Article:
Today: the consequences of driving with the emergency brake on.
Last week, I was cleaning the interior of my '04 Ford Escape. To reach a part of the console between the two front seats, I had to raise the emergency-brake lever. Stupidly, I forgot that I had done so, and drove the car about five miles. How much damage did I do to my brake linings? I must not have had the emergency brake fully engaged, because I was not aware of any braking sensation as I was driving. -- Jim
TOM: Don't worry, Jim. You're certainly not the first moron to have done this.
RAY: My brother may have been the first.
TOM: You probably did no damage at all, Jim. You must have had the parking brake loosely applied. If it had been really engaged, one of two things would have happened:
RAY: One, you would have felt resistance when you tried to drive. It would have felt like ... well, like the brakes were on. Or two, you would have smelled the brakes burning after a mile or two. And you noticed neither.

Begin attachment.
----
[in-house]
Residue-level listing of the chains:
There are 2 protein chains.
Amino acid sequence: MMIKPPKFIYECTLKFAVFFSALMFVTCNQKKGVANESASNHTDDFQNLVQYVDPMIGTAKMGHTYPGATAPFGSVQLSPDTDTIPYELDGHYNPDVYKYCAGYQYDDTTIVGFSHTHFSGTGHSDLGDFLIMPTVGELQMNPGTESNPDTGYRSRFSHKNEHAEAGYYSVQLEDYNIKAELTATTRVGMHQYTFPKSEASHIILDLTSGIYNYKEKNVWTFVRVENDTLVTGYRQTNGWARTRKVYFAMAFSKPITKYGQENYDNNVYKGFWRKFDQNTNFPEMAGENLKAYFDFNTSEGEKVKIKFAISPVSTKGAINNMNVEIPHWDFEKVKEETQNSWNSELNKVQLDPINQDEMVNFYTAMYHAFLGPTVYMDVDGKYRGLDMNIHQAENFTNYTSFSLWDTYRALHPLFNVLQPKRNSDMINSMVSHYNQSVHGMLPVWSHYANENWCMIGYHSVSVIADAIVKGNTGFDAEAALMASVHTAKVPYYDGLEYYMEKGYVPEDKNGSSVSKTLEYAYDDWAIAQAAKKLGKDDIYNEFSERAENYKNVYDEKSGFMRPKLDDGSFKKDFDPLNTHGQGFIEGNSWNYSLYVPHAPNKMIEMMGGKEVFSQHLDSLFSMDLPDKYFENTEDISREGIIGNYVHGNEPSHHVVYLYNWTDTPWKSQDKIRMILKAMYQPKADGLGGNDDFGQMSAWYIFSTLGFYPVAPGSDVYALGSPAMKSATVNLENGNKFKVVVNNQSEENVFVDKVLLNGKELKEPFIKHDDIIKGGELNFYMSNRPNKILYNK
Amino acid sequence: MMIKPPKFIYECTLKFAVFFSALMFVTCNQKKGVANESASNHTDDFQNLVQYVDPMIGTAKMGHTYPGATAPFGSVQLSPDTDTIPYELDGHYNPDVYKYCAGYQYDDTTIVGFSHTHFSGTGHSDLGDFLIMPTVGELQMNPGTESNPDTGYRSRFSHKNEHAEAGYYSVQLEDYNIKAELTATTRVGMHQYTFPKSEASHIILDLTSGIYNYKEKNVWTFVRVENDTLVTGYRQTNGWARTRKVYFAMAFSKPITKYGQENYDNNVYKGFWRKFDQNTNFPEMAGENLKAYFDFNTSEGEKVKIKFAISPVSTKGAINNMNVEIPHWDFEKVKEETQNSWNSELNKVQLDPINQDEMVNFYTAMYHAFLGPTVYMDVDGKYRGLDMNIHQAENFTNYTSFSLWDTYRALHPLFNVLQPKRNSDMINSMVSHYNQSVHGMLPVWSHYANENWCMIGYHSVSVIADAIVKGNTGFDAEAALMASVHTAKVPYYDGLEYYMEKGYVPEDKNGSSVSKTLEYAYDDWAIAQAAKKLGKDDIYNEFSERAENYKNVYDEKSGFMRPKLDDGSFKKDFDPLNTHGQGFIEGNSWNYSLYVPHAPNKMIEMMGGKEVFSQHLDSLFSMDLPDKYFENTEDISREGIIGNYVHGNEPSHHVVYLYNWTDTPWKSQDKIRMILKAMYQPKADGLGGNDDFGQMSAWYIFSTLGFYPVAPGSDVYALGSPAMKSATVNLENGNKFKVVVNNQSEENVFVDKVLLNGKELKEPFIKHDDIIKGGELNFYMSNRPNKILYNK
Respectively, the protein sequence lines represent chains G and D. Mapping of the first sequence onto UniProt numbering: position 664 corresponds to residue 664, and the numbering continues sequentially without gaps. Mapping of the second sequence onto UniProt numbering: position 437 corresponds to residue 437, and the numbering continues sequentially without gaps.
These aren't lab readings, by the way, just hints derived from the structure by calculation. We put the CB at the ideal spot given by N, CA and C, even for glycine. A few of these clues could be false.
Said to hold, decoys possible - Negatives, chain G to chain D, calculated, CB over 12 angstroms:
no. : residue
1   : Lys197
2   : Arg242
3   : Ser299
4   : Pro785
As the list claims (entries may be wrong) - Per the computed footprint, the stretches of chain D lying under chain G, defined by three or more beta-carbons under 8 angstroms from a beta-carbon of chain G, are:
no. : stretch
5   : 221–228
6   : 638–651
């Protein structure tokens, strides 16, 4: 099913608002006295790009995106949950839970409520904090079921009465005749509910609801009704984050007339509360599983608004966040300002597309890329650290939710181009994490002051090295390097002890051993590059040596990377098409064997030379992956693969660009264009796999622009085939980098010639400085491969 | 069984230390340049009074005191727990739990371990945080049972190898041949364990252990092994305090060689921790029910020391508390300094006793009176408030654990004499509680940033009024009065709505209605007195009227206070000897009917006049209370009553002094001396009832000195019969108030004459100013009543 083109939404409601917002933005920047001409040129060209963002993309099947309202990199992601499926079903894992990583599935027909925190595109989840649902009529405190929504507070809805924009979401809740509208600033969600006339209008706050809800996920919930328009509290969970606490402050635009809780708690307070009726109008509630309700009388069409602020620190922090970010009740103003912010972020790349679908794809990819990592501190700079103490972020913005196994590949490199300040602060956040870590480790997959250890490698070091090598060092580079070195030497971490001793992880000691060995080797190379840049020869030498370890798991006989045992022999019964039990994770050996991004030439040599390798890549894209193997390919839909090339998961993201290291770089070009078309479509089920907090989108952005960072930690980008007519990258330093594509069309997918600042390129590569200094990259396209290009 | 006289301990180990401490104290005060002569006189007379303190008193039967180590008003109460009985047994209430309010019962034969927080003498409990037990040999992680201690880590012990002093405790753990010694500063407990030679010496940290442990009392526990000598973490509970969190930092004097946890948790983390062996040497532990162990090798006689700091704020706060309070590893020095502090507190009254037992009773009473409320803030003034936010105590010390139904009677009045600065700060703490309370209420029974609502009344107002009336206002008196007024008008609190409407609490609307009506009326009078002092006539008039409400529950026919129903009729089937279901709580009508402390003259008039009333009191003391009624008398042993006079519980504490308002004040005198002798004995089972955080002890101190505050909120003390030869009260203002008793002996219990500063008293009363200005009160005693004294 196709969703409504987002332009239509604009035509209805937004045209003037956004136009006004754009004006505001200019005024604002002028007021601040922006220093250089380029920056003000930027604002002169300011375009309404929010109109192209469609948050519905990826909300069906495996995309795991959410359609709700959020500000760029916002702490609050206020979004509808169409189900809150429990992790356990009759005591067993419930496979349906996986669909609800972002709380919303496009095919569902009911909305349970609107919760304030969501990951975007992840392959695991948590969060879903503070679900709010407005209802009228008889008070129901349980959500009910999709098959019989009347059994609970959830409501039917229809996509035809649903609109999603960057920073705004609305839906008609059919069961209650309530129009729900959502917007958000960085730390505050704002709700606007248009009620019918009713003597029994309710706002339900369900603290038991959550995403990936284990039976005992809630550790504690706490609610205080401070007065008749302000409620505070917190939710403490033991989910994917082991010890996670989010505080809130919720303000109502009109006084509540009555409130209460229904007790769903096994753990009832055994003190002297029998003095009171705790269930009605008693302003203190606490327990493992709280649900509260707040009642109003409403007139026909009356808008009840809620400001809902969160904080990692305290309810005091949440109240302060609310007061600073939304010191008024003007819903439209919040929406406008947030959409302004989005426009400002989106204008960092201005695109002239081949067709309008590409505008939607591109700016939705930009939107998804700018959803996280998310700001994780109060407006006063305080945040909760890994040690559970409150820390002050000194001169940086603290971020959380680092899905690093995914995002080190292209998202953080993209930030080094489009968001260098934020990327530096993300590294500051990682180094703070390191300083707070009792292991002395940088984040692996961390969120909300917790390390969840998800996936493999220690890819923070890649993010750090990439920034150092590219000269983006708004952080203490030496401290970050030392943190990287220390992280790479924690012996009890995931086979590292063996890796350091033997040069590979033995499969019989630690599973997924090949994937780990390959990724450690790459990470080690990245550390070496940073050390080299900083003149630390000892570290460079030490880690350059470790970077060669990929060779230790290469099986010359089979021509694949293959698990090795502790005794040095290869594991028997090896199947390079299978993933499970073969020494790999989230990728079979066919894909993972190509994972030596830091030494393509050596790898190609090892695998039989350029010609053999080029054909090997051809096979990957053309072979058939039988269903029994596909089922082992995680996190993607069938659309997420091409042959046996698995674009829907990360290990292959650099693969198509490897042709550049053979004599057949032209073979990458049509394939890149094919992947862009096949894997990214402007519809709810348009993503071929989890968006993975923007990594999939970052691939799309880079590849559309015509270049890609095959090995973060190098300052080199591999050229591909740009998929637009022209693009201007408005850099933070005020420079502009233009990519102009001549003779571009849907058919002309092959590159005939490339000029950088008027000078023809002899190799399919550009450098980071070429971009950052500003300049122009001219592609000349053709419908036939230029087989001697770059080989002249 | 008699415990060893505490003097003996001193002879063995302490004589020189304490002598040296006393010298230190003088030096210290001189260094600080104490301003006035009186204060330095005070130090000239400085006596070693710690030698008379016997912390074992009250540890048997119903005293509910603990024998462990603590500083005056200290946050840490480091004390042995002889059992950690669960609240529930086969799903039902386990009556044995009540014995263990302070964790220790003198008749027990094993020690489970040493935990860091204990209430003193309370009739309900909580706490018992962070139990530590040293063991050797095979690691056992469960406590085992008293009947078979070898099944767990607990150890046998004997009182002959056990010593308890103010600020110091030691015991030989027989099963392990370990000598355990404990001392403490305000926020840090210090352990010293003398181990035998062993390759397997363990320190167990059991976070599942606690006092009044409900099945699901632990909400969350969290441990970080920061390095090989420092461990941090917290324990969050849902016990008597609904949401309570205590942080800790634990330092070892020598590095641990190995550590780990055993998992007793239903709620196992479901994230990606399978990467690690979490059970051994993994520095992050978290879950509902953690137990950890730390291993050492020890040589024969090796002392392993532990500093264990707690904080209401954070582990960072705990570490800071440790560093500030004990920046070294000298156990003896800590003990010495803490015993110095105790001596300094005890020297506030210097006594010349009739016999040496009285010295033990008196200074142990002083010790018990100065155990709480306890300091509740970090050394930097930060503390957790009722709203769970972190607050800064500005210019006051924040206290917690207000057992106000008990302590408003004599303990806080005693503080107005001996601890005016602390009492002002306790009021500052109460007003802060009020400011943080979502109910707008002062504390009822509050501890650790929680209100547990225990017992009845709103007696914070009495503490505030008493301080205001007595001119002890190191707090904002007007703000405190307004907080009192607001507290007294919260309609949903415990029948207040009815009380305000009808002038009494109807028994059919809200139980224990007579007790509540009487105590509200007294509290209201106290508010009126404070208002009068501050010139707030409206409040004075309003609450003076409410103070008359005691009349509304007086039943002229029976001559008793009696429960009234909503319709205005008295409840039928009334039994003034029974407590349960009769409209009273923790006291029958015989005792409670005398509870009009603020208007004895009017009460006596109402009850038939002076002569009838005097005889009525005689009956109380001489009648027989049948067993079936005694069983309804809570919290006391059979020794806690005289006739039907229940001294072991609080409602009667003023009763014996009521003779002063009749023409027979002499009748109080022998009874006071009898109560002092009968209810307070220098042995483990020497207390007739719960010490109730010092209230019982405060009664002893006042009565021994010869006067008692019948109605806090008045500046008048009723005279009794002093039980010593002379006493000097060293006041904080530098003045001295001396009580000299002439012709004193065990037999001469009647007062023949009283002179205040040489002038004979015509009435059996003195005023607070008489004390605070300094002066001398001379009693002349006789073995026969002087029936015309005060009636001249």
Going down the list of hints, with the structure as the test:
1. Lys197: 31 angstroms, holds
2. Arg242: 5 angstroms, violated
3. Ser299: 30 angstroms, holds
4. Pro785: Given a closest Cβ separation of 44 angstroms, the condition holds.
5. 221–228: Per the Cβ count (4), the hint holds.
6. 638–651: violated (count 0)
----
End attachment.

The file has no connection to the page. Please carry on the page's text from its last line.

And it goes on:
TOM: I guess you didn't notice the big, red light on the dashboard that said "Brake!" either, huh?
RAY: My guess is that, in five miles with the brake loosely applied, you hardly did anything. You wore a little bit of surface off the parking-brake drum. On this car, it's a separate unit from the regular brakes, so it would have no effect on your normal stopping.
TOM: To give yourself peace of mind, next time you're on a hill, put the car in neutral and apply the parking brake so it's fully on. Then see if the car rolls. If it does, you can ask your dealer to have a look. If not, forget all about it.